Summary: The parable of the dishonest steward points to imagination and how wealth can be used for the goodness of God's kingdom in our midst.

September 22, 2019

Hope Lutheran Church

Luke 16:1-13; Amos 8:4-7

Good Money after Bad

Friends, may grace and peace be yours in abundance in the knowledge of God and Christ Jesus our Lord.

Every story has a main character. But sometimes that main character isn’t the person you’d expect. You can’t really call them a hero. They’re more of an “antihero.” An antihero is the main character in a story who doesn’t have the usual good qualities we’d expect. They’re far from perfect people. They have glaring character flaws.

Humphrey Bogart played an antihero in many of his movie roles. Private detective Sam Spade in the Maltese Falcon was an antihero. So was Rick in Casablanca. Clint Eastwood played iconic antiheroes. In many of his westerns he played the character known simply as “the man with no name.” Dirty Harry was another antihero. Jack Nicholson played a classic antihero in One Flew over the Cuckoo’s Nest.

The antihero is not the person you’d expect to play the critical role in a story. And you definitely wouldn’t want to trade places with her or him. But this complicated individual accomplishes what needs to be done. The story wouldn’t resolve if not for the antihero.

Today we hear one of the most surprising and perplexing parables ever told by Jesus. We hear this story and we think, “Huh?” The main character in the story is most definitely an antihero. The parable has become known as “The Parable of the Dishonest Steward.”

The story begins with a rich man. He discovers that his manager has not been handling his property to his satisfaction. The rich man isn’t getting enough return on his investment. So he demands an accounting from the manager.

This steward knows he’s going to get the axe. So he goes to each of the people who owes a debt to his boss. He aims to gain their favor. He drastically reduces the amount of their payment to square their accounts. And surprisingly, when the rich man finds out what his steward has done, he pats him on the back for his shrewd actions.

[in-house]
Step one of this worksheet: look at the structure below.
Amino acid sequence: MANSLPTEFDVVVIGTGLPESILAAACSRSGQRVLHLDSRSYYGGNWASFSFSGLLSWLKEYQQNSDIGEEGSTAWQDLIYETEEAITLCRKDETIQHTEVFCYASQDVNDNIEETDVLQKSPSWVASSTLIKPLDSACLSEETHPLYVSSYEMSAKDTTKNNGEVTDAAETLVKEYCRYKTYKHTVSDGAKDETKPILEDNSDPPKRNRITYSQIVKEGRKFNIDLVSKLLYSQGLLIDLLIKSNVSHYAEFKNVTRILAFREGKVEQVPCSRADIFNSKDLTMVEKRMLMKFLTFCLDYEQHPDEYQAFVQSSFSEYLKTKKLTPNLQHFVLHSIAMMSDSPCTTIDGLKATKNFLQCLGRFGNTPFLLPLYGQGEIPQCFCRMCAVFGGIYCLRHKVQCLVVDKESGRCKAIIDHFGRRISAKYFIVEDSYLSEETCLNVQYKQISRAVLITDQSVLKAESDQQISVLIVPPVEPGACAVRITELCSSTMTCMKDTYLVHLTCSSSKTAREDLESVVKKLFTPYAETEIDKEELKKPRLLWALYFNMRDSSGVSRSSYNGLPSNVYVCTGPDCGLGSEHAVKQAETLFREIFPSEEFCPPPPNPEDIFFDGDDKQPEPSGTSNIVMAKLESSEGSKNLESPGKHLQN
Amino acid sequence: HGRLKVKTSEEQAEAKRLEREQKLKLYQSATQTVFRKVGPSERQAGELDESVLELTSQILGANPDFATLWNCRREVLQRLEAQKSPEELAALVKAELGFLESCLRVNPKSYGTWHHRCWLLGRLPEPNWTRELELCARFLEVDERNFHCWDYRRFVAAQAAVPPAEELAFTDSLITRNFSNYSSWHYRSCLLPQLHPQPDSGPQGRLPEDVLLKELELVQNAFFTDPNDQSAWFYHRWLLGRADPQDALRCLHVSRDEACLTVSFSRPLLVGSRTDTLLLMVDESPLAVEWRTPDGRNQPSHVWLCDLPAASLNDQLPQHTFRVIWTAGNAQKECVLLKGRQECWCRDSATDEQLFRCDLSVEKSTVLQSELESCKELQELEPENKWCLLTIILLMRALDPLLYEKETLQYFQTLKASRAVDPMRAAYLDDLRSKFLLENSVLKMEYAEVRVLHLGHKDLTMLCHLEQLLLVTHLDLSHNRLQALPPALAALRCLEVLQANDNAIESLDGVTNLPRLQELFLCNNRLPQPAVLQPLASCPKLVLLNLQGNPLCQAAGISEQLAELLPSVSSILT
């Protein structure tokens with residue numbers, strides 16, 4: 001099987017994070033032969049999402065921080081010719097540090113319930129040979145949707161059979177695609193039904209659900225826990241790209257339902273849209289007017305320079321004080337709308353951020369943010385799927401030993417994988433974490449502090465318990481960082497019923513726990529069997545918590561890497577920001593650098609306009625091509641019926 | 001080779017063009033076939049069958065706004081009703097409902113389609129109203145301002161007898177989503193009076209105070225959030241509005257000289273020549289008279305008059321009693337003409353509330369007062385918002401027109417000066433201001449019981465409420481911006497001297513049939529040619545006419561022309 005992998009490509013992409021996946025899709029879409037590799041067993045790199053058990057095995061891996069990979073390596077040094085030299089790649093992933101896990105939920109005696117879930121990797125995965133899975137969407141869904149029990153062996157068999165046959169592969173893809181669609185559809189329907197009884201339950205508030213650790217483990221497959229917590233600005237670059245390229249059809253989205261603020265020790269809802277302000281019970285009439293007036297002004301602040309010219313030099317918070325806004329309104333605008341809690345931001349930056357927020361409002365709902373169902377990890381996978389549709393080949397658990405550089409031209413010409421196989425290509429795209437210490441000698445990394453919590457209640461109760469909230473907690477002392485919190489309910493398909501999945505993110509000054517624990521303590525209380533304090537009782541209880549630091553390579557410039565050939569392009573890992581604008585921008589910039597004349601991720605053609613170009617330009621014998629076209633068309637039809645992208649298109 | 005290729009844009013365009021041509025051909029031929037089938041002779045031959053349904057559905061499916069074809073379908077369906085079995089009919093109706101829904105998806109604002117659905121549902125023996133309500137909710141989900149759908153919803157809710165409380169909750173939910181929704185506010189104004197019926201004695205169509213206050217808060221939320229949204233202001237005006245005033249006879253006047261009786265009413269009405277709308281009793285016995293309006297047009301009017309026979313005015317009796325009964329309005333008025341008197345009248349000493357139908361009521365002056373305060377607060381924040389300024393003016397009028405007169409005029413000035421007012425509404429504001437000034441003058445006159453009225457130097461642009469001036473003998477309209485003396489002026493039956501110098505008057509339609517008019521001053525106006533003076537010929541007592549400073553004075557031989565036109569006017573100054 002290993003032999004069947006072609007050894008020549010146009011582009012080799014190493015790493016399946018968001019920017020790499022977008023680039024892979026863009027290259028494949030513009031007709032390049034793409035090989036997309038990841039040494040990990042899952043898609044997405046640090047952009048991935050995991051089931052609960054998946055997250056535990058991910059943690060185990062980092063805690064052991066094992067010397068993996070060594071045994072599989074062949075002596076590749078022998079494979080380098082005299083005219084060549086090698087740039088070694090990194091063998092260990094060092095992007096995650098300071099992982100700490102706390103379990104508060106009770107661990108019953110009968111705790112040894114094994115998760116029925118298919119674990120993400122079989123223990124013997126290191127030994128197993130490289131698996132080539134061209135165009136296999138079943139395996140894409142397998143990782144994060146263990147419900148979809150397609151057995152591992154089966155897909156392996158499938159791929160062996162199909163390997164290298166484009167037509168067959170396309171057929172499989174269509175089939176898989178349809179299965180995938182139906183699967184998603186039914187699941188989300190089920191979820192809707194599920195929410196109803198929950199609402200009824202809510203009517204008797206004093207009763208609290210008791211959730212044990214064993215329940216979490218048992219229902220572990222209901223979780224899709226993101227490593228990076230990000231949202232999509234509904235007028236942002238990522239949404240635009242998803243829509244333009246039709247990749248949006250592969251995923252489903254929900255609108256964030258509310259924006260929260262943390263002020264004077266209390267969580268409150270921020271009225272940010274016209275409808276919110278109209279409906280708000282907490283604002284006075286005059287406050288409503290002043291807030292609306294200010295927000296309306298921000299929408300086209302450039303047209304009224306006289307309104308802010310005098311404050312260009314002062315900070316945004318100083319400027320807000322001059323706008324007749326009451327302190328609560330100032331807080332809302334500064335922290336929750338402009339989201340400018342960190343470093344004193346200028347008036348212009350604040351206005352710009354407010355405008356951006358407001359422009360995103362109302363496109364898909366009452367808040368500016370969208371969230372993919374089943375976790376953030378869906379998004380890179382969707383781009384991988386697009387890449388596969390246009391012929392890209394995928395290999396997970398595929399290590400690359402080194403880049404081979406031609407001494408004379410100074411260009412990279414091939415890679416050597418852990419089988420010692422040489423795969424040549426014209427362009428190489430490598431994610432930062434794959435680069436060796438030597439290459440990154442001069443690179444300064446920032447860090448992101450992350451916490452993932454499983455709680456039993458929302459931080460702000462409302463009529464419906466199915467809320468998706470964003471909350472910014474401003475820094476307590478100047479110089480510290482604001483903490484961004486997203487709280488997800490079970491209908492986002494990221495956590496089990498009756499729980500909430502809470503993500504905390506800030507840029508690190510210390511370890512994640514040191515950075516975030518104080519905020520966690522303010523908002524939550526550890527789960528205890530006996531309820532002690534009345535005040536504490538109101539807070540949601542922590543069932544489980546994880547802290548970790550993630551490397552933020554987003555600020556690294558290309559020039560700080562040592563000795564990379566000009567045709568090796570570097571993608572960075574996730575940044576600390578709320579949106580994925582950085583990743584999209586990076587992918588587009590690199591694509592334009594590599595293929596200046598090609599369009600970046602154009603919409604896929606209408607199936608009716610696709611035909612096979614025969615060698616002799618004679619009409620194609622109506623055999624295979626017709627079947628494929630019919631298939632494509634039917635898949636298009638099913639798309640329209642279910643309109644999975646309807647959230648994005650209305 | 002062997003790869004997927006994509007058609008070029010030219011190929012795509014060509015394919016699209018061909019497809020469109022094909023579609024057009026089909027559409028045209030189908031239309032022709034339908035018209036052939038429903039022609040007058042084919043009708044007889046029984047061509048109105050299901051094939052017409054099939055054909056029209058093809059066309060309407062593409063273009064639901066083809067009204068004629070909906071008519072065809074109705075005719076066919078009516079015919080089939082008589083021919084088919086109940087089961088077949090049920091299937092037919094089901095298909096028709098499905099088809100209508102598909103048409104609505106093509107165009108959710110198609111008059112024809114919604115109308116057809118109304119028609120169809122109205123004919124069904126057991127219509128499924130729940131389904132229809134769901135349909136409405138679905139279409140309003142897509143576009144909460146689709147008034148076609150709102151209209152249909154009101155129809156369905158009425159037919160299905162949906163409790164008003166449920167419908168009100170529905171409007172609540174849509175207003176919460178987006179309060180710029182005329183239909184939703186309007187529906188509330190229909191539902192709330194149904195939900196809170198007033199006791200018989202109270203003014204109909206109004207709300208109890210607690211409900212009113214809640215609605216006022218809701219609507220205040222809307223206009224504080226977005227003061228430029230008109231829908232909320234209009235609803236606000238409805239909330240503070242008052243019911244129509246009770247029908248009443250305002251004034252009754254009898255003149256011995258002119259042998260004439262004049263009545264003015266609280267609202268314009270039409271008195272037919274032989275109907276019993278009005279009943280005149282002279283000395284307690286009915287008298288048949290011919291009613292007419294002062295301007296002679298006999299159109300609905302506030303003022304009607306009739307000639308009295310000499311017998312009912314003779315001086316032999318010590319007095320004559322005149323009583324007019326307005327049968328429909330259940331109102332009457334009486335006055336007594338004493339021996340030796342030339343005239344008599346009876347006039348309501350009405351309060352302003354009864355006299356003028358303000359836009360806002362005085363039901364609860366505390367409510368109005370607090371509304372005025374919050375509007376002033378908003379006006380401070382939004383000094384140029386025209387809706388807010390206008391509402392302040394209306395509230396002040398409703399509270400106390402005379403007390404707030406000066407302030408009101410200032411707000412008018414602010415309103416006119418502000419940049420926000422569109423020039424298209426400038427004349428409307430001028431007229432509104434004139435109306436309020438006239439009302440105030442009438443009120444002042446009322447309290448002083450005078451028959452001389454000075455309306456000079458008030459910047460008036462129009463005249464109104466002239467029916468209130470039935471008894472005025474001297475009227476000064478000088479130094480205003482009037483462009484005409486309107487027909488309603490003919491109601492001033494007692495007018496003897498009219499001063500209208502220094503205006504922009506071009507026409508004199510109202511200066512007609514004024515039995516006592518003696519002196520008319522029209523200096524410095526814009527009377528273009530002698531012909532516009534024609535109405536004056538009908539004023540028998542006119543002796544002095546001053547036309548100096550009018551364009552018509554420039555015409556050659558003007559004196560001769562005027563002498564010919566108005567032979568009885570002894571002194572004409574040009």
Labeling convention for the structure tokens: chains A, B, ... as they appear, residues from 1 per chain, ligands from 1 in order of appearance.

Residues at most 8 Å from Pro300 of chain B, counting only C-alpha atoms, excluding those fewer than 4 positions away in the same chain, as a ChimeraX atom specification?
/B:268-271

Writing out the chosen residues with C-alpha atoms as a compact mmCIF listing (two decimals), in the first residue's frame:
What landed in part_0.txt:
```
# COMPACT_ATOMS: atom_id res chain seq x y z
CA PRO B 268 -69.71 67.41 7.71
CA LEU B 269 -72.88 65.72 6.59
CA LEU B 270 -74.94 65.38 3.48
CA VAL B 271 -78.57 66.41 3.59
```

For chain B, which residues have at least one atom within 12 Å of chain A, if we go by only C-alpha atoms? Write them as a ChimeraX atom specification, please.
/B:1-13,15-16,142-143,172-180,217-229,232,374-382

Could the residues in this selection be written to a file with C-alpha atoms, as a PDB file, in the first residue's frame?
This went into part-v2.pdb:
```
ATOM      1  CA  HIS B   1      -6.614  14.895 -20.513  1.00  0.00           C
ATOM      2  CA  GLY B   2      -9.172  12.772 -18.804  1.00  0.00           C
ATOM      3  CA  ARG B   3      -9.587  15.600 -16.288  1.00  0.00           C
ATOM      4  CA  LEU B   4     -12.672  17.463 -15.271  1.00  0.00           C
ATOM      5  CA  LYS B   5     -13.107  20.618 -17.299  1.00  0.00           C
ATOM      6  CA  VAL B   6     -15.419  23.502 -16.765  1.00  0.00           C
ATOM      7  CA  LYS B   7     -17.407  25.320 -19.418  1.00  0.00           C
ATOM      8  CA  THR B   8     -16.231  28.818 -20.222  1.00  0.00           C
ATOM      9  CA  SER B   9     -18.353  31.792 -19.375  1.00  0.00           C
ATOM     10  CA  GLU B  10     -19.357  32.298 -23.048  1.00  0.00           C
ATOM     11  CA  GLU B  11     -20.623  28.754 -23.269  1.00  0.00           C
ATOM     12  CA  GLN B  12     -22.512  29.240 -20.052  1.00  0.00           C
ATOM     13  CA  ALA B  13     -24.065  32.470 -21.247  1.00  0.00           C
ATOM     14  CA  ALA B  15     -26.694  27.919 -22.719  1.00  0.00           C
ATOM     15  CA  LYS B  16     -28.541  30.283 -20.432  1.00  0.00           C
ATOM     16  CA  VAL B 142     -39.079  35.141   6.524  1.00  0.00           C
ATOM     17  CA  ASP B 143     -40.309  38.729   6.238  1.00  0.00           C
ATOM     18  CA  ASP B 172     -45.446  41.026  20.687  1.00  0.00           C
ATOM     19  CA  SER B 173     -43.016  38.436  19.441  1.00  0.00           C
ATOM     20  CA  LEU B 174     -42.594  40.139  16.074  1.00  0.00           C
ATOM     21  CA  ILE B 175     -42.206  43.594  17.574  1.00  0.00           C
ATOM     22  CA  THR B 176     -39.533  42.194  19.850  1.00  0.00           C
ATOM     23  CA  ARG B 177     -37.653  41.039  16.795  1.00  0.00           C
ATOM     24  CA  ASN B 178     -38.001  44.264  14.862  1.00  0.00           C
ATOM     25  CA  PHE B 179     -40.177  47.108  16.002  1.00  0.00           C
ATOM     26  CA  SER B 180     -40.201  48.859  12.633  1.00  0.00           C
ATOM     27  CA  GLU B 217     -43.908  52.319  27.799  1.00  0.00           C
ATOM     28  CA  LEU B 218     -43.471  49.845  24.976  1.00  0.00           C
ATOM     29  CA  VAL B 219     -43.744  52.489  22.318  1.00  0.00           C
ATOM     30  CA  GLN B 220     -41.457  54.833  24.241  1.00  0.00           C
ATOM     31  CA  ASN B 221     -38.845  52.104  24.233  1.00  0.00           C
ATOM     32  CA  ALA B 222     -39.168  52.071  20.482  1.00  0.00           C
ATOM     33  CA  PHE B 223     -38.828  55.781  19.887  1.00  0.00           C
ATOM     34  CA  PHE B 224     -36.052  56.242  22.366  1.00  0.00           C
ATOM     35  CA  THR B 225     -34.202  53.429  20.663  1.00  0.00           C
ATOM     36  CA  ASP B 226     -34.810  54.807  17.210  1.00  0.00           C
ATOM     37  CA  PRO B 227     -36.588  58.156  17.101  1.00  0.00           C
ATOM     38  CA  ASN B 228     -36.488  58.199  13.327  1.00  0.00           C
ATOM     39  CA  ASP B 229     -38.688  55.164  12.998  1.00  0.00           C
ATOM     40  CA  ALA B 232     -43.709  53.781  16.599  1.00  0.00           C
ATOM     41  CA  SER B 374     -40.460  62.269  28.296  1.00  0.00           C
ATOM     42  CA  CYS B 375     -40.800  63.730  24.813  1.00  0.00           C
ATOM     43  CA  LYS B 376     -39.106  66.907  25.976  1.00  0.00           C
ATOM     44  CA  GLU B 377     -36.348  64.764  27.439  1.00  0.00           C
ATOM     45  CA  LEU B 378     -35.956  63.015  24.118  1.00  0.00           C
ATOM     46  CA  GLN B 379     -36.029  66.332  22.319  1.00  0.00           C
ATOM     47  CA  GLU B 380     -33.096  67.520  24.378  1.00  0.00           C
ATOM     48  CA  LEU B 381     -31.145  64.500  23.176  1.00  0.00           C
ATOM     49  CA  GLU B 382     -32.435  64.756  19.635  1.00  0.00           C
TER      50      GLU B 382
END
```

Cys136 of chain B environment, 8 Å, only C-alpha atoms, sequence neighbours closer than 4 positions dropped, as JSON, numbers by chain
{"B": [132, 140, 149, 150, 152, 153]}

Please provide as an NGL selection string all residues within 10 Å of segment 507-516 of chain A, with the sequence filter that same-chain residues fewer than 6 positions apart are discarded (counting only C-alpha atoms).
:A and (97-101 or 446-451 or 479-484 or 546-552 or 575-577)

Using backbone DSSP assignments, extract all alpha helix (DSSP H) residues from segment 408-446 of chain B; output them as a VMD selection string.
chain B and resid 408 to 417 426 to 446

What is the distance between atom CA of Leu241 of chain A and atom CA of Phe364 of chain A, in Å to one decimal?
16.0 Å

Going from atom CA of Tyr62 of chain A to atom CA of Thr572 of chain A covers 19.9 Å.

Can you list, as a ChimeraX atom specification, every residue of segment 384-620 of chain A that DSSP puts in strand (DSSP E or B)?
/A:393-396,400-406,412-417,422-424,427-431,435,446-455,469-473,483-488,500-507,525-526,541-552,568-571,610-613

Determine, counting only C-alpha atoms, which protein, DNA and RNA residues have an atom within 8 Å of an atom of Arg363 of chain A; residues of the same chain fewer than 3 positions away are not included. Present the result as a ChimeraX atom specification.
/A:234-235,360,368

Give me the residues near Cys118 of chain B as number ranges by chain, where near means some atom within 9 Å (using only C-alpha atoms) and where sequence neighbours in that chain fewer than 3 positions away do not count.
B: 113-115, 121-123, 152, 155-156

If that’s not surprising enough, Jesus takes it one step further. He says that his followers need to be as adept as this wily character! What on earth is going on?

Jesus mentions unrighteous mammon. There are many layers of unrighteous mammon involved in this quizzical story. At the top of the system is the Roman government. The Roman Empire was built on unrighteous mammon. Rome invaded a foreign area and occupied it. Then they exploited everything they could from that place to support their empire. They made slaves of conquered people and they exacted taxes. The land and its people were seen as inert resources for the benefit of Rome. They didn’t have value in and of themselves.

The next layer of unrighteous mammon is more local. For one reason or another, certain people have become indebted to this rich man. As payment, they owe him a share of the goods they’ve produced. Maybe they’re sharecroppers living on land he owns. Jesus tells us this man is RICH! There’s a reason he’s rich.

The third layer was the steward’s fee. In exchange for acting as the mediator between the rich man and his accounts, he could add on a surcharge. So the debtors’ fees likely cover several things:

• The actual loan or rent they owe

• Hidden fees to the rich man

• A tax to Rome

• And a surcharge to the manager

The manager already knew that these farmers and their welfare meant nothing to the rich man. They were merely a means to more wealth. But now that he’s getting the pink slip, he sees that he doesn’t matter any more than they do. All these years he’s worked for the owner as his middle man. He’s the one who turned the screws to gather the payments. But the rich owner doesn’t think he’s making money fast enough. And now the steward sees the cold, hard truth. He never meant anything to his boss.

So the manager switches sides. The manager wants to curry the favor of the farmers. He approaches the debtors and offers each of them incredible deals. The rich man has to hand it to his manager for his craftiness.

The manager has unhitched himself from a system of exploitation and moved himself to a new economy, one built on human relationships.

I’d like to point out two things from this story and our antihero: How we choose to use money and the power of imagination.

First, how we choose to use money. It’s so very easy to see money and mammon as the end of our pursuits. Rome did it. The rich man did it. The steward did it, too. He viewed it that way until it disappeared before his eyes. It had been a mirage.

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